It's Tales of Monkey Island, high jinx on the high seas, a traditional pirate story if you like, yet with a supernatural twist and a highly eccentric screen stealing performance by Johnny Depp. It's great, honest, and I'm not going to spend any more time on the film. You've seen it anyway. What interests me is the cursed not-zombie kind-of-undead crew.

Positives? The curse made Barbossa and the crew immortal. Negatives? They're now in an undead stasis appearing as ghastly skeletons under moon light. To be honest I'm not so sure it's such a bad trade off. I mean, if they just showed a bit of imagination I'm sure they could come up with a plan that balanced looking a bit macabre and sinister after hours, against the benefits of being impervious to injury and living forever.  Anyway, it seems their loved ones weren't too taken with the whole thing so they've decided they're now on an eternal quest to return all the 882 gold coins of Cortés in Isla de Muerta's treasure and make the blood sacrifice necessary to rid themselves of it. How they knew what to do to rid themselves of the curse is never explained and the whole thing is all a bit convoluted and contrived, but it does provide a semi-coherent narrative to drive the action and mayhem and it does provide a great excuse for brilliant and provocative edgy family horror-lite shenanigans.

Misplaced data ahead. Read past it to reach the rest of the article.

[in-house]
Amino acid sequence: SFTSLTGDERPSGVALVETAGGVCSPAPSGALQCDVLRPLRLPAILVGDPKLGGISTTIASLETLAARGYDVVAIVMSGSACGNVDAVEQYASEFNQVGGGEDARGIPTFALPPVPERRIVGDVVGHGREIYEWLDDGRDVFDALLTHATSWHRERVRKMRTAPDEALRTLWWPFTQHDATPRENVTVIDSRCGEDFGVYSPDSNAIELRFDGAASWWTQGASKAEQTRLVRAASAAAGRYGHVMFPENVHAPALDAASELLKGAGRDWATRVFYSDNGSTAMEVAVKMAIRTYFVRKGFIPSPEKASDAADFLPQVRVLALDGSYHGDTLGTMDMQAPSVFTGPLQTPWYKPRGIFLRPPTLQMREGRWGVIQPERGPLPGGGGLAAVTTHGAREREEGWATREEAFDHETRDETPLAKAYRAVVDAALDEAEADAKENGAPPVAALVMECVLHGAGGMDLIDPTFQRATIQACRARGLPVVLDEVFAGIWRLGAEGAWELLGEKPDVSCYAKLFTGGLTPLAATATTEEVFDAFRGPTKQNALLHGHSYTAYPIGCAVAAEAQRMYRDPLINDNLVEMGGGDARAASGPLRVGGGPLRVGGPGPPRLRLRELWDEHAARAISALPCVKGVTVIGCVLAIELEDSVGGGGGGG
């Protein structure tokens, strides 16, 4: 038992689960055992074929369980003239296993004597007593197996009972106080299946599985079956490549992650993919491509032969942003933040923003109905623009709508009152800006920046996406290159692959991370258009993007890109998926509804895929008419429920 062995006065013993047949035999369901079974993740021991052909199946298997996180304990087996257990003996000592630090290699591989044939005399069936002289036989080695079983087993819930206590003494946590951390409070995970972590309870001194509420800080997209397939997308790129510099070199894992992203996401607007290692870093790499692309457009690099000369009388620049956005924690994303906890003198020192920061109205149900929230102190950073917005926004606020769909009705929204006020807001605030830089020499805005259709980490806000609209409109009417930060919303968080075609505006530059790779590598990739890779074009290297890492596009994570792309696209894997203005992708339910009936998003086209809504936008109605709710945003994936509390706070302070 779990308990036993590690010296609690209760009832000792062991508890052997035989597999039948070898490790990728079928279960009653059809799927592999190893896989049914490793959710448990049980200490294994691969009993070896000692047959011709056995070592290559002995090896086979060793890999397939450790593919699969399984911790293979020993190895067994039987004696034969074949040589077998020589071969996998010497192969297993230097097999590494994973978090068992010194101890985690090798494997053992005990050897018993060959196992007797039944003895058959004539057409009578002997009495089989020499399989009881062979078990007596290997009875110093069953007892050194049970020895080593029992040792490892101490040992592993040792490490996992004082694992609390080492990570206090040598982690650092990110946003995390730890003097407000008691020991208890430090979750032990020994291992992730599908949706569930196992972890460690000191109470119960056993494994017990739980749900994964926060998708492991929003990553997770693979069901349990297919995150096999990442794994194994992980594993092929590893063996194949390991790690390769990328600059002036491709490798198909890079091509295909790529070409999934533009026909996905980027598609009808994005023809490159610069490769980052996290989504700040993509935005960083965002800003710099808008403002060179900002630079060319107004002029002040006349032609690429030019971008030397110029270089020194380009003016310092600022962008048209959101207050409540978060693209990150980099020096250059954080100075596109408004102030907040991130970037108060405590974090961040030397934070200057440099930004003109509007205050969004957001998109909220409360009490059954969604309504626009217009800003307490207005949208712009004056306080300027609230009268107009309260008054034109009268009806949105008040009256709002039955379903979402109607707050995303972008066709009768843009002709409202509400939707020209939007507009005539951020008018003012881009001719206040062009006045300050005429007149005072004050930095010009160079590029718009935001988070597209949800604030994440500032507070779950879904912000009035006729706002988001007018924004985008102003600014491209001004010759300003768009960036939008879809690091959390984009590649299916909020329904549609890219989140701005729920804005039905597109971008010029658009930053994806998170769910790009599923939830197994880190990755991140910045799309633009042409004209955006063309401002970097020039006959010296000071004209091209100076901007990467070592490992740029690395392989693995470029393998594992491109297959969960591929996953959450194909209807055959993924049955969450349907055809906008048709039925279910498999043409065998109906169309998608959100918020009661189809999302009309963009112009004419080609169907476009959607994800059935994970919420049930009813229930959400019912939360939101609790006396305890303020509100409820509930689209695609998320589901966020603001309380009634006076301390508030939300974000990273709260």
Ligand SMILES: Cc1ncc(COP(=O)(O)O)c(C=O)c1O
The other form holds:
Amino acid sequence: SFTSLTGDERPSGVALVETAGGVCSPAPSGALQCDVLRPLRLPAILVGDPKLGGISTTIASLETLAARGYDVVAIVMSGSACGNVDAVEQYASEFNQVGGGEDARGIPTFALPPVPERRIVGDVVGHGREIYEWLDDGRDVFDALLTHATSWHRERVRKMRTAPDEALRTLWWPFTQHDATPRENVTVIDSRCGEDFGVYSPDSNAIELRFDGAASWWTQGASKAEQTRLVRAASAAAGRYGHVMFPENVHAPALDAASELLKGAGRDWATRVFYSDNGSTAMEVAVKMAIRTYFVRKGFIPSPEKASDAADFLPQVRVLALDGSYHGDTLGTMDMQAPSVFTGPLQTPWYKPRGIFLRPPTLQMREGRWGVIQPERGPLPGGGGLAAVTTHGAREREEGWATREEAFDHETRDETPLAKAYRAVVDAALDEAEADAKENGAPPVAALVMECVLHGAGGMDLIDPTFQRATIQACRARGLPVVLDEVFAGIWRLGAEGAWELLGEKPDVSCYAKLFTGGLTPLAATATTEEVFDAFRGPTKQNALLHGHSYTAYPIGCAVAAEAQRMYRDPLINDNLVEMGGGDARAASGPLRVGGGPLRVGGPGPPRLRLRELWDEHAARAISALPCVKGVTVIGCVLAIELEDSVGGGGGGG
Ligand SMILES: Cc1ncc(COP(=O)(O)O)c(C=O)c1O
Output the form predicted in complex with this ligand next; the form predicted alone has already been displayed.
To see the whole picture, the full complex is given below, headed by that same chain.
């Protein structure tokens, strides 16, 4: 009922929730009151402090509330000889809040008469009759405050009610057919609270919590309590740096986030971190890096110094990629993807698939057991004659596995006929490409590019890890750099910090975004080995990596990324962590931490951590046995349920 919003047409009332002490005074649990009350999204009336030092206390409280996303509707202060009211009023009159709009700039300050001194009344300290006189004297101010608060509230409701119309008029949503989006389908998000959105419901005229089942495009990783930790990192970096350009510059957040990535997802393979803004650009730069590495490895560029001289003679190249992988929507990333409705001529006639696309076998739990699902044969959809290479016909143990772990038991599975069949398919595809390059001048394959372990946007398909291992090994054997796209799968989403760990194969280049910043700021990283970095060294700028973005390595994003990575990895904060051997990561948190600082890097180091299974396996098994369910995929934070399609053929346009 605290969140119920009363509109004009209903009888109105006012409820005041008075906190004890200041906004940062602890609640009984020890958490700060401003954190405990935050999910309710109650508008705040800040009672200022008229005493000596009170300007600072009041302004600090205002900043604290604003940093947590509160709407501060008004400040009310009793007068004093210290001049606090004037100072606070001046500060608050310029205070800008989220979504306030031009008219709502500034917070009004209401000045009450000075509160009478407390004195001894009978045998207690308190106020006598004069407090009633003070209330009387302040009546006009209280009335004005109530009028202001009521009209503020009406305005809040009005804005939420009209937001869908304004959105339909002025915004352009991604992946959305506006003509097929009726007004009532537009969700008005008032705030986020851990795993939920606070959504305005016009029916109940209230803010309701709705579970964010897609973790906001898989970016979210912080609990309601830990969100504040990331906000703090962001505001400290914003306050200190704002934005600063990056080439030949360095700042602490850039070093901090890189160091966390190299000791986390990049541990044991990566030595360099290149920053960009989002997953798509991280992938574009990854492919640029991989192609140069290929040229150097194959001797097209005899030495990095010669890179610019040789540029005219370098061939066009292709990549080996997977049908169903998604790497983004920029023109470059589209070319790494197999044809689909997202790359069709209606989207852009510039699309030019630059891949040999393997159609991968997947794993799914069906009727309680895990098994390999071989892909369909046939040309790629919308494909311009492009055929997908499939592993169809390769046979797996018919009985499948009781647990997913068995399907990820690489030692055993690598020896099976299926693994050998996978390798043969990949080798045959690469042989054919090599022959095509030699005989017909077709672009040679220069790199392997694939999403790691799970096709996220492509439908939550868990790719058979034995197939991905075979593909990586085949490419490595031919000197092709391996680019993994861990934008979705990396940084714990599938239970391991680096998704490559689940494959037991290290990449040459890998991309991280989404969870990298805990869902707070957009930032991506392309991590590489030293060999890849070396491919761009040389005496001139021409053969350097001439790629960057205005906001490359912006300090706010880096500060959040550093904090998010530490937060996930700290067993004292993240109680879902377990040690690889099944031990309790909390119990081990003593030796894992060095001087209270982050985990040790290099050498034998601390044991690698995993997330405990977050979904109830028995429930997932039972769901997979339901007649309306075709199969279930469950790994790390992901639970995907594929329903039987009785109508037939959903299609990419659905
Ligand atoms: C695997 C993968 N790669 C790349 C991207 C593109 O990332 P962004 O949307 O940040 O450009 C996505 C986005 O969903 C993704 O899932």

They're not zombies in that they're not really dead, they're more cursed to appear dead, but just at night. They're still fully in possession of their souls, their personalities, dreams and desires. They can eat, drink, sing and rape and pillage to their hearts content and there's no revenant drive to seek vengeance; they are evil little oiks, but then they were before. There's no deadness, no loss other than probably being sexually shunned by everyone other than most dedicated Goth; also there's absolutely no eating anyone. There is a bit of The Blind Dead to proceedings, in the skeletal appearance, not strictly being zombies, and all the ships, but I don't feel it's especially intentional. 

With the curse lifted (sorry spoiler) they revert back to being fully alive, mortal and vulnerable once again to being killed. They're undead state was just that, a temporary state, a minor inconvenience.

So, not a zombie film but great family entertainment with a good bit of supernatural and some interesting playing with the alive/dead barrier. Set in the Caribbean it's easy to think Z, and later in the series with On Stranger Tides, which is also a highly recommended book by Tim Powers, we do get see some traditional voodoo walking dead but they're not here just yet. Great effects, great acting, there's nothing here to really complain about, though nothing that really sets the world on fire. Nonetheless it's nigh on perfect, well crafted Disney family fun, like I said, you've already made mind up about, 8/10.


Saturday, 8 February 2014

Zombies (Wicked Little Things) - review

2006 (USA)

Contains mild spoilers.